With 2021 underway and the first wave of pandemic-related FHA forbearances set to begin hitting their 12-month caps as early as March, now seems like a good time to summarize where things stand. Forbearance in mortgages backing GNMA securities continues to significantly outpace forbearance in GSE-backed loans, with 7.6% of GNMA loans in forbearance compared to 3.5% for Fannie and Freddie borrowers.[1] Both statistics have slowly declined over the past few months.

Notably, the share of forbearance varies greatly amongst GNMA cohorts, with some cohorts having more than 15% of their loans in forbearance. In the table below, we show the percentage of loans in forbearance for significant cohorts of GN2 30yr Multi-lender pools.

Percent of Loans in Forbearance for GNMA2 30yr Multi-lender Pools:

Cohorts larger than $25 billion. Forbearance as of December 2020 factor date.

Not surprisingly, newer production tends to experience much lower levels of forbearance. Those cohorts are dominated by newly refinanced loans and are comprised mostly of borrowers that have not struggled to make mortgage payments. Conversely, 2017-2019 vintage 3s through 4.5s show much higher forbearance, most likely due to survivor bias – loans in forbearance tend not to refinance and are left behind in the pool. The survivor bias also becomes apparent when you move up the coupon stack within a vintage. Higher coupons tend to see more refinancing activity, and that activity leaves behind a higher proportion of borrowers who cannot refinance due to the very same economic hardships that are requiring their loans to be in forbearance.

GNMA also reports the forbearance end date and length of the forbearance period for each loan. The table below summarizes the distribution of forbearance end dates across all GNMA production. This date is the last month of the currently requested forbearance period.[2]

For loans with forbearance ending in December 2020 (last month), half have taken a total of 9 months of forbearance, with most of the remaining loans taking either three or six months of forbearance.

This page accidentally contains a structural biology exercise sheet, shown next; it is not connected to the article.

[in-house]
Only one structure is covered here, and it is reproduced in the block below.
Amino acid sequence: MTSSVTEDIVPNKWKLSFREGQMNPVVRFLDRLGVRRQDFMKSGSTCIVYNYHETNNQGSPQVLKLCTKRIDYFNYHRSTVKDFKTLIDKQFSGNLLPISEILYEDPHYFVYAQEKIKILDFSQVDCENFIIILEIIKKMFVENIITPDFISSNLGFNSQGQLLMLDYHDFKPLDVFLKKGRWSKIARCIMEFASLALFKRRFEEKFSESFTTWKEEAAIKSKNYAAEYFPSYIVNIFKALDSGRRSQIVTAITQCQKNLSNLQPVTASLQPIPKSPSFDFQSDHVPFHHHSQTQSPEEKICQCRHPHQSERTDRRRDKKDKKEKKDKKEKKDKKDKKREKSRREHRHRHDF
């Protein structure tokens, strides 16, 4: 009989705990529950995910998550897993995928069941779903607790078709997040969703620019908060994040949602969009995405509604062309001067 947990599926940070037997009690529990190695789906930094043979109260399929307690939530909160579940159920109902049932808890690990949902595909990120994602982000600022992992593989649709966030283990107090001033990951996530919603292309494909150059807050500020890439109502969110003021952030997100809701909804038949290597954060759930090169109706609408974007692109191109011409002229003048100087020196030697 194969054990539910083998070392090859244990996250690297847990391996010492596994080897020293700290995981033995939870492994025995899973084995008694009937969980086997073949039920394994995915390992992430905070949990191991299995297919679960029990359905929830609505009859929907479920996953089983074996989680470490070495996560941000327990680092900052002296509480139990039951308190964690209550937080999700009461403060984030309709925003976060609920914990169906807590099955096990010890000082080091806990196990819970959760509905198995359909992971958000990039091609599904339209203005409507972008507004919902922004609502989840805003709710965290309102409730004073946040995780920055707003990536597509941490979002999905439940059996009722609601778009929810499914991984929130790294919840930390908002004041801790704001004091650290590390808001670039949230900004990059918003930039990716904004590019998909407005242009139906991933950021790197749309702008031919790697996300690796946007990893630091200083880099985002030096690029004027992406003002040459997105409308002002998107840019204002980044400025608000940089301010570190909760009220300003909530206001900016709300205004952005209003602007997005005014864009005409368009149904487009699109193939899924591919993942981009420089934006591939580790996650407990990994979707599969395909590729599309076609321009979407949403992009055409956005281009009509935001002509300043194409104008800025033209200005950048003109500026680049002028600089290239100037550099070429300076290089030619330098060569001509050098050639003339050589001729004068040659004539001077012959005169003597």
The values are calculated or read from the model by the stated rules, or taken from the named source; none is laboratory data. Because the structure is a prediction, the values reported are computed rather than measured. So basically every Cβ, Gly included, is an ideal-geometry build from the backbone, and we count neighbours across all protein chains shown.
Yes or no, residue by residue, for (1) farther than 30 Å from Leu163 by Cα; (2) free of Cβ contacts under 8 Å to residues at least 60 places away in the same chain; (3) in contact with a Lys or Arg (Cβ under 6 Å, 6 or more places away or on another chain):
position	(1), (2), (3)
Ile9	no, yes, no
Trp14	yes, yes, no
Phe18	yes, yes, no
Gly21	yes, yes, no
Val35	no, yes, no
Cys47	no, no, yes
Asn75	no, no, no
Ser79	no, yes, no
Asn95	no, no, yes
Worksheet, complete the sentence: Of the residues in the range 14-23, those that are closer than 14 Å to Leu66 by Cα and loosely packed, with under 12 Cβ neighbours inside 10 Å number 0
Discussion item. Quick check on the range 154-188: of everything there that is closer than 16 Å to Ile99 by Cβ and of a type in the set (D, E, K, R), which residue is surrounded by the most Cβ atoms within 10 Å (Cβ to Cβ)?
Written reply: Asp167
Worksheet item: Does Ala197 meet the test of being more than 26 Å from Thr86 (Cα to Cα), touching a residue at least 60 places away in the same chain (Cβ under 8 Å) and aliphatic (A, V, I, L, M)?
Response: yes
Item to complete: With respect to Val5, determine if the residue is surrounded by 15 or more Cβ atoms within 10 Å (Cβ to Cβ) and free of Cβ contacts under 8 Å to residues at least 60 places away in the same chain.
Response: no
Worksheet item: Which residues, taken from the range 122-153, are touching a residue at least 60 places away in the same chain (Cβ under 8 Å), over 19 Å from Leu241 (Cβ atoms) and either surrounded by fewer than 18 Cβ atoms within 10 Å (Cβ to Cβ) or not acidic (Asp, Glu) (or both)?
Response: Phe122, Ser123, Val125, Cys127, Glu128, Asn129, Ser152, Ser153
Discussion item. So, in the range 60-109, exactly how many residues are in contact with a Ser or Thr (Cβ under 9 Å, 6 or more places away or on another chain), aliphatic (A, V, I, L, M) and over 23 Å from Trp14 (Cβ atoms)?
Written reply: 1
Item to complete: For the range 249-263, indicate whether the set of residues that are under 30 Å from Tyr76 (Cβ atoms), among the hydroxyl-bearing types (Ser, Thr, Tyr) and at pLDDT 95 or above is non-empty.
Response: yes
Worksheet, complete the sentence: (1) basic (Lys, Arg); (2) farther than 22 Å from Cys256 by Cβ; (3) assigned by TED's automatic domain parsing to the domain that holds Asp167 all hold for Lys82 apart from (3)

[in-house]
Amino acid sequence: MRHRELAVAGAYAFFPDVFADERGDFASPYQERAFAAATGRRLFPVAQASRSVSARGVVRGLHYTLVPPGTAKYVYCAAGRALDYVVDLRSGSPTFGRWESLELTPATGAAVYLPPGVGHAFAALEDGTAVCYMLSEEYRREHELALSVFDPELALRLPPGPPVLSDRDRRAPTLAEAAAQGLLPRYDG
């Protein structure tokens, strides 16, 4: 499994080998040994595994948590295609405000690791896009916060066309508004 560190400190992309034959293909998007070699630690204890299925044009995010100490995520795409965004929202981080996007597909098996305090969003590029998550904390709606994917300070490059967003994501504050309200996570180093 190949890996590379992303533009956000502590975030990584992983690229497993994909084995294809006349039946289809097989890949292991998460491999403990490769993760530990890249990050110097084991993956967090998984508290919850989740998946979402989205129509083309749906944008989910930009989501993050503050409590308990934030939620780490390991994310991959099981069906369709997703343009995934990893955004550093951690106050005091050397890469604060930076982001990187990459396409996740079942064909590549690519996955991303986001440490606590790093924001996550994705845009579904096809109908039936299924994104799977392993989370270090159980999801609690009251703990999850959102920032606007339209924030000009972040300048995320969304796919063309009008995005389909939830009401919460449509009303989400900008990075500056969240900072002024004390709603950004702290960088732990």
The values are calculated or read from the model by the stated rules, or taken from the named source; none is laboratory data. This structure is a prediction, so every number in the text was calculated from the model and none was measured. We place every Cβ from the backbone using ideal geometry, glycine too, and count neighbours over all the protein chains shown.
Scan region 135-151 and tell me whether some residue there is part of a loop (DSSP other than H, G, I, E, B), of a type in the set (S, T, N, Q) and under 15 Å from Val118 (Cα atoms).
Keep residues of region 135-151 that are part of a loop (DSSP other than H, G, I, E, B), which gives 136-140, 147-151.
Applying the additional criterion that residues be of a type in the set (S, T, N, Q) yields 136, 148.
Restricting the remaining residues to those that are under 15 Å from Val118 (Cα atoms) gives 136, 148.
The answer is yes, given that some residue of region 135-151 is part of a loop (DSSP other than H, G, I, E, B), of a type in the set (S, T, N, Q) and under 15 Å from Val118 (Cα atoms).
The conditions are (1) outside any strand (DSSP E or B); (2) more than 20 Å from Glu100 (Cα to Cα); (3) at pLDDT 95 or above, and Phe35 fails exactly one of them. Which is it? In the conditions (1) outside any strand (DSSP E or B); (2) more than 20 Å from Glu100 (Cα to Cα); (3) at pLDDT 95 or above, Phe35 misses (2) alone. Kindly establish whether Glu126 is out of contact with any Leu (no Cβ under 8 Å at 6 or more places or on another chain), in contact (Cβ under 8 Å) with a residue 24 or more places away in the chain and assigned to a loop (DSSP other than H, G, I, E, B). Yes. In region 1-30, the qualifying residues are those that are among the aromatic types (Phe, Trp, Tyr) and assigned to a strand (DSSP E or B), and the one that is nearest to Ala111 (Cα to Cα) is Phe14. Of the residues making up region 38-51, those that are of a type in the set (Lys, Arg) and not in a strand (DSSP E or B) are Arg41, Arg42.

For loans whose forbearance period rolls in January and February 2021, the total months of forbearance is evenly distributed between 3, 6, and 9 months. Among loans with a forbearance end date of March 2021, more than half will have taken their maximum twelve months of forbearance.[3]

In the chart below, we illustrate how things would look if every Ginnie Mae loan currently in forbearance extended to its full twelve-month maximum. As this analysis shows, a plurality of these mortgages – more than 25 percent — would have a forbearance end date of March 2021, with the remaining forbearance periods expiring later in 2021.

A successful vaccination program is expected to stabilize the economy and (hopefully) end the need for wide-scale forbearance programs. The timing of this economic normalization is unclear, however, and the distribution of current end dates, as illustrated above, suggests that the existing forbearance period may need to be extended for some borrowers in order to forestall a potentially catastrophic credit-driven prepayment spike in GNMA securities.

Contact us if you interested in seeing variations on this theme. Using Edge, we can examine any loan characteristic and generate a S-curve, aging curve, or time series.


[1] As of the December 2020 factor date, using the data reported by the GSEs and GNMA. This data may differ marginally from the Mortgage Bankers Association survey, which is a weekly survey of mortgage servicers.

[2] Data as of the December 2020 factor date.

[3] Charts of January, February and March 2021 rolls are omitted for brevity. See RiskSpan for a copy of these charts.